* engine bay 1S.jpg (57.79 KB, 448x325 - viewed 3898 times.)
Logged
mangocrazy
Hero Member
*****
Offline Offline

United Kingdom United Kingdom

Posts: 759


« Reply #8 on: June 22, 2011, 11:31:07 AM »

Thanks very much, that's very helpful. However, as with most helpful posts, it generates further questions. Sorry...

I would seriously consider bypassing the heater on my car, as we only tend to visit the South of France between April and October and it's very rare to need a heater during those months. It also means one less item in the coolant path to fail and dump fluid where you don't want it, although I suppose on the downside you're reducing the overall coolant volume.

Can you remember approximately what the i.d. of the hose is where the 90 degree elbow is required? One of the problems of being distant from the car is the inability to measure/check things like this. I'm hoping that either a 22mm or 28mm solderless plumbing fitting might be suitable here. If not it may mean getting a 'special' made up.

You've also given me a lead on something else I was fretting about - uprating the radiator. I'm gradually acquiring all the bits I will need to uprate the engine. Currently I've got Eric's Evo head, a pair of DCOE 45s, a GC manifold to suit, and a set of GC Cunningham rods squirrelled away; all I really need now are a set of forged pistons & rings and I've got the full set. But I'm aware I'll need to uprate the rad when I get round to fitting that little lot, and the Focus ST170 rad sounds ideal. Did you have any issues fitting it? And what fan do you use with it? My car is an S2 Beta Spyder, so underbonnet layout should be identical to yours.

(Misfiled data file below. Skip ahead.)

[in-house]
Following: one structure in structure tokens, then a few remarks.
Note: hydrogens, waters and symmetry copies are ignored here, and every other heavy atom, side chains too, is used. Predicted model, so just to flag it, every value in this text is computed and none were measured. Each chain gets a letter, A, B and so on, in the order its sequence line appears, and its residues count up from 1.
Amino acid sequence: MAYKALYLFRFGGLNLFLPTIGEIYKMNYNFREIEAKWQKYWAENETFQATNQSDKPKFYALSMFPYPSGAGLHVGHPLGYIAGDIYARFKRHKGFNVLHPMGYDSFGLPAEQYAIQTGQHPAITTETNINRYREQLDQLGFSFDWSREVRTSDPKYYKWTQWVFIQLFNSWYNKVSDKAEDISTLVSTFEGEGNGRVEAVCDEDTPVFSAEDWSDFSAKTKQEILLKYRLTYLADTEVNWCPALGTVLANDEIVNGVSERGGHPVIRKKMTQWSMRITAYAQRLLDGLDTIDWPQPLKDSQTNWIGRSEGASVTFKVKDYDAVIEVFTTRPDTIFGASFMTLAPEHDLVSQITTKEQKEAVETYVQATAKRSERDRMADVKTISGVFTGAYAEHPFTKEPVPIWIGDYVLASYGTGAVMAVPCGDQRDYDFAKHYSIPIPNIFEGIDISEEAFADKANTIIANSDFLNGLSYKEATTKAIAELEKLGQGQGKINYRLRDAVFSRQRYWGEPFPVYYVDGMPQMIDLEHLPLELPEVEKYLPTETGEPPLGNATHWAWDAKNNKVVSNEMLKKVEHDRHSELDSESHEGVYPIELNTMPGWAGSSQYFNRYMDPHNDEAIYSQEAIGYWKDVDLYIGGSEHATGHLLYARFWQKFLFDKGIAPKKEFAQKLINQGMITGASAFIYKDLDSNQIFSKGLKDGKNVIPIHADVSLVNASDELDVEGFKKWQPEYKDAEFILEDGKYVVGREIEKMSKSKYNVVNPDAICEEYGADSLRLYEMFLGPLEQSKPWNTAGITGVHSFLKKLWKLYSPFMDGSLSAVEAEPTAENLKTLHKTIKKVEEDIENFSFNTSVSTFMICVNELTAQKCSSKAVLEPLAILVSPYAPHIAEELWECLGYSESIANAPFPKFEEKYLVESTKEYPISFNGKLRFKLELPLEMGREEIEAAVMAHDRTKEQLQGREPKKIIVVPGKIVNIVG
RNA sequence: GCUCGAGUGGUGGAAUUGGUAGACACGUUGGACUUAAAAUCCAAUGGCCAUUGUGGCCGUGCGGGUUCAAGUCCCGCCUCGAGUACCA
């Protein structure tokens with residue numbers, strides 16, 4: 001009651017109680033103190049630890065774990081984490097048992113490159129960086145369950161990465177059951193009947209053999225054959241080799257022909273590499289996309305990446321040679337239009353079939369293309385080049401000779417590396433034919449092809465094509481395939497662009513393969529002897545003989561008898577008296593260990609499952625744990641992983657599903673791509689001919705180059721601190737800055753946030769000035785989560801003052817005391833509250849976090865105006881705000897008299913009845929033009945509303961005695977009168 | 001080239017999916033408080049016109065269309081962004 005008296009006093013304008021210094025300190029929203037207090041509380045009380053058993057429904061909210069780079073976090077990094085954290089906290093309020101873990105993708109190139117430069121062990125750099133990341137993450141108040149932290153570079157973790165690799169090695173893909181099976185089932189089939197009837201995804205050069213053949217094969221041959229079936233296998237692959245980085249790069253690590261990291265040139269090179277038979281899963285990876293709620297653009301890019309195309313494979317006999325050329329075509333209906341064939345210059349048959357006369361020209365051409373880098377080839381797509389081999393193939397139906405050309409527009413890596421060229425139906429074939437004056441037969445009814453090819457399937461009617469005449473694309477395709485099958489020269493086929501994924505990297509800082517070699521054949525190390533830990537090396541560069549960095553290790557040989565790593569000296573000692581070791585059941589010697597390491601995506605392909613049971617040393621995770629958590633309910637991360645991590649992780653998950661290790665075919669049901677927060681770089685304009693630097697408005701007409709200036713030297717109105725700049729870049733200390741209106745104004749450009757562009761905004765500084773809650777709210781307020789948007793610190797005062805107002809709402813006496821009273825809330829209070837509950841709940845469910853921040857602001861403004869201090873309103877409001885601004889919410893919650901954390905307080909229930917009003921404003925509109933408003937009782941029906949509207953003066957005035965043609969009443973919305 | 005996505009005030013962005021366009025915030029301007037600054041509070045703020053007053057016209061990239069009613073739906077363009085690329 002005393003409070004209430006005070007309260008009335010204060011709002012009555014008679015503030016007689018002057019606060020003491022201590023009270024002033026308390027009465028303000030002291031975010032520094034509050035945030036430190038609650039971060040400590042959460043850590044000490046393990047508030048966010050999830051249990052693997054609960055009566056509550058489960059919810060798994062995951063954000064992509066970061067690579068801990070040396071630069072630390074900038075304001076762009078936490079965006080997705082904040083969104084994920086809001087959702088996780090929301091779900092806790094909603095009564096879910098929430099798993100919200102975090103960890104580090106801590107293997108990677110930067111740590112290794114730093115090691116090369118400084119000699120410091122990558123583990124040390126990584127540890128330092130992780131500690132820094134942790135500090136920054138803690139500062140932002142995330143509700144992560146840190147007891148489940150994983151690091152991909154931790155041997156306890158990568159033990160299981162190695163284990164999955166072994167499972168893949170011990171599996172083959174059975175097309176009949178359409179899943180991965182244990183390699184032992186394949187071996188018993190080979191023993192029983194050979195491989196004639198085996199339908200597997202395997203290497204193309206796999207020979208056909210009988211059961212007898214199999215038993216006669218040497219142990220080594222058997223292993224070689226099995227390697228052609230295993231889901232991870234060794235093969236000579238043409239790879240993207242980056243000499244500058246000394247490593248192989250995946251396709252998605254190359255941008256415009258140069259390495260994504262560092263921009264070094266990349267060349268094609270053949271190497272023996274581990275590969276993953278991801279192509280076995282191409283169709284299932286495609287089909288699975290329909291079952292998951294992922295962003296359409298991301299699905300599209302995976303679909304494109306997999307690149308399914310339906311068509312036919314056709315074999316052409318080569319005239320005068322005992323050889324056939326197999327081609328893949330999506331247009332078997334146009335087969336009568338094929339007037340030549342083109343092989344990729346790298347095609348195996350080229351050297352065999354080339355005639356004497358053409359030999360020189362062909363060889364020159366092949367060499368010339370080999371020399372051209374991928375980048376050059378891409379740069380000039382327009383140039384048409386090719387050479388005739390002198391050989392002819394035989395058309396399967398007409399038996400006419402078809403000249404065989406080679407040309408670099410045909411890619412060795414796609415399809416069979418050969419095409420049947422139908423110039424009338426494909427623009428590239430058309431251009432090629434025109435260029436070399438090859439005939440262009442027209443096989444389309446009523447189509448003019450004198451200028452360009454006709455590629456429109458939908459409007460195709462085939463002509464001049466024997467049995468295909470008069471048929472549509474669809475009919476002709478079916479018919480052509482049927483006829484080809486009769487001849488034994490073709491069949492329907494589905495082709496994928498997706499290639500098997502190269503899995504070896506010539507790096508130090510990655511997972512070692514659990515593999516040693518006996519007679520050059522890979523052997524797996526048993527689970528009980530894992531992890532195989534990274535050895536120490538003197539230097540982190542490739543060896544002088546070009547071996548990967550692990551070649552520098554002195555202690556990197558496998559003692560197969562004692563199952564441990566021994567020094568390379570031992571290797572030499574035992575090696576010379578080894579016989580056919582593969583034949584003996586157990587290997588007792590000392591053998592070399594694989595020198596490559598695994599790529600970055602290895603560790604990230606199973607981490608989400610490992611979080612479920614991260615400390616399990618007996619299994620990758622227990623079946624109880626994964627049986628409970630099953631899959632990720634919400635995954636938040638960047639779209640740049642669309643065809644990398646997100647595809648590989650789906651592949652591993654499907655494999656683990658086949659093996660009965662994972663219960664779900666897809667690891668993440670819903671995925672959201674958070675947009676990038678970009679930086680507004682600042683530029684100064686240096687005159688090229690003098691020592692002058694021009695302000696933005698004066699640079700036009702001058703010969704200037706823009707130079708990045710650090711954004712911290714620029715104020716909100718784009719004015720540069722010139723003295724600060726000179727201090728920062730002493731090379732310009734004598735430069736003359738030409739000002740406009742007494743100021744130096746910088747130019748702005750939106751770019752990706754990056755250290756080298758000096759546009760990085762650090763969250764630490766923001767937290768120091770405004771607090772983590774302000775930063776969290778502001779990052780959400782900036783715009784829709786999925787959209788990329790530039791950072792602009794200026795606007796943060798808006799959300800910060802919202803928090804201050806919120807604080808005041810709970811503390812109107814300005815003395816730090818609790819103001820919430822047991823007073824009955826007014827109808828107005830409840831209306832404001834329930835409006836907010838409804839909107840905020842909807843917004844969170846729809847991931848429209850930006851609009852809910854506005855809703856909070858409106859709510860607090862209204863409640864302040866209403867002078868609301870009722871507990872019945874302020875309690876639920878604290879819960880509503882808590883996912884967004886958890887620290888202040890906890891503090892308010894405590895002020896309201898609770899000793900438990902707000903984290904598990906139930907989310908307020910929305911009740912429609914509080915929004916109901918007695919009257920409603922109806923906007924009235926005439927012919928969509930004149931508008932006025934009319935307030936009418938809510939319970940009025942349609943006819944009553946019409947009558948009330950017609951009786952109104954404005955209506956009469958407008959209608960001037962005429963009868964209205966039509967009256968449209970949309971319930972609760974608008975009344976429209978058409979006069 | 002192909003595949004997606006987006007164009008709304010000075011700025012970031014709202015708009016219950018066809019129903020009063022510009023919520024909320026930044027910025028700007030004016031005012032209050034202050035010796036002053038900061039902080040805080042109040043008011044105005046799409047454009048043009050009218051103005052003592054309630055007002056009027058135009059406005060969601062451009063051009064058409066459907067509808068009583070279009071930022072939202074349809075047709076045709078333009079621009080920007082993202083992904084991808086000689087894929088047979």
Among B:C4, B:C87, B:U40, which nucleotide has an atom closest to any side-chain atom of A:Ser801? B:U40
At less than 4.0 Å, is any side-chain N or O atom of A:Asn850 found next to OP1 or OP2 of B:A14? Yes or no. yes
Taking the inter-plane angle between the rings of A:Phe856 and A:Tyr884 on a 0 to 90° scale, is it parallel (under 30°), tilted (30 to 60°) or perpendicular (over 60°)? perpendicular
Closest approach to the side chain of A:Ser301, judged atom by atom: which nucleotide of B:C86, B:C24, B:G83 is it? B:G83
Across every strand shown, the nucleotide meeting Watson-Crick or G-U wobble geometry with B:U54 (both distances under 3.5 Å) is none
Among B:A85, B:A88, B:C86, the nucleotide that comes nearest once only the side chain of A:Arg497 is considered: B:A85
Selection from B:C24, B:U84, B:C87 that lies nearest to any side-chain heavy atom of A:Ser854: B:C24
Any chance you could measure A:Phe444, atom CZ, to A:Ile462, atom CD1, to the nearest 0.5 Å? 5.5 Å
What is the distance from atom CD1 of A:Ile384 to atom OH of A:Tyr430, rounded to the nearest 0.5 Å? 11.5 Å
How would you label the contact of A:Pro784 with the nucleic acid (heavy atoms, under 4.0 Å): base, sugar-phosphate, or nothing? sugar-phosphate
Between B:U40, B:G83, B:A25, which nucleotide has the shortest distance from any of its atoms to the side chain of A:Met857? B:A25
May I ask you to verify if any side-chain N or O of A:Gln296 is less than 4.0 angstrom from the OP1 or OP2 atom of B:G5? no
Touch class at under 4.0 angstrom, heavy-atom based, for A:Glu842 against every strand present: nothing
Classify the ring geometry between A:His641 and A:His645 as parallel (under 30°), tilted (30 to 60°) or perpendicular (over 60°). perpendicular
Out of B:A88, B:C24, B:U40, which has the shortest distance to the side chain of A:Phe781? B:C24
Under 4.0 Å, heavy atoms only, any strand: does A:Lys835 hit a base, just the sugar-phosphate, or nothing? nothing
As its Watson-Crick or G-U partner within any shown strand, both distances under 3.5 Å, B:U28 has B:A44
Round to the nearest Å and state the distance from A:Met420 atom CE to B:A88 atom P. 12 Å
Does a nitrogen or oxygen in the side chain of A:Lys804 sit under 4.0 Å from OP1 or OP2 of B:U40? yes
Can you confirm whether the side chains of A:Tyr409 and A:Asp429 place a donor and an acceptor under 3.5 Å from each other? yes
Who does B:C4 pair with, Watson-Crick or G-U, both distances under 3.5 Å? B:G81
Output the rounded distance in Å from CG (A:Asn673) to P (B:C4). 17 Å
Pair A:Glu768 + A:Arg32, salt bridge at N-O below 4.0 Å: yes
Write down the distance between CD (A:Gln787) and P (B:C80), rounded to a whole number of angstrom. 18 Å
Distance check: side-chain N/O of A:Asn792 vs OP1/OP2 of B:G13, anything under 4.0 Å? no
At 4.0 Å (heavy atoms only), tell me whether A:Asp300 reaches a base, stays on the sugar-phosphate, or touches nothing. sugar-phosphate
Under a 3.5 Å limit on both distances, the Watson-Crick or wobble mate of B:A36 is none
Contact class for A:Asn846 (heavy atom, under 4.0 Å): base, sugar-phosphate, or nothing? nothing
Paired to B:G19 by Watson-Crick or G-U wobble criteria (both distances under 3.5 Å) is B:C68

I was also interested in the airbox/air ducting you've made up, as that looks an important part of getting reliable power out of the engine. And do I spy some ducting behind the rad to route hot air away from the inlet? Is it possible to route the exhaust air from the radiator under the engine to remove it from the engine bay completely? That's something else I've been thinking about...

Questions, questions...
Logged

1980 Lancia Beta Spider 2000 (S2FL)
2002 VW Transporter T4
2017 KTM Duke 690R
2008 Aprilia SL1000 Falco
1992 Ducati 888 SP3
1988 Honda VFR750F
1980 Yamaha RD350LC
75coupe
Hero Member
*****
Offline Offline

Posts: 297

1975 Beta coupe 2L


« Reply #9 on: June 28, 2011, 12:18:29 PM »

It is around 38mm I think, will have to check, later in week. I used an aluminized exhaust bend ! If you have a spare top rail you could cut the 90 degree bend off that and use it, but be a shame to butcher a rare part!
Logged
andybeta
Full Member
***
Offline Offline

Posts: 77


« Reply #10 on: June 29, 2011, 07:38:19 AM »

mangocrazy here's a pic of my Beta's engine bay, Volumex, but may still be helpful to you.

http://www.lancisti.net/gallery/showimage.php?i=3935&c=217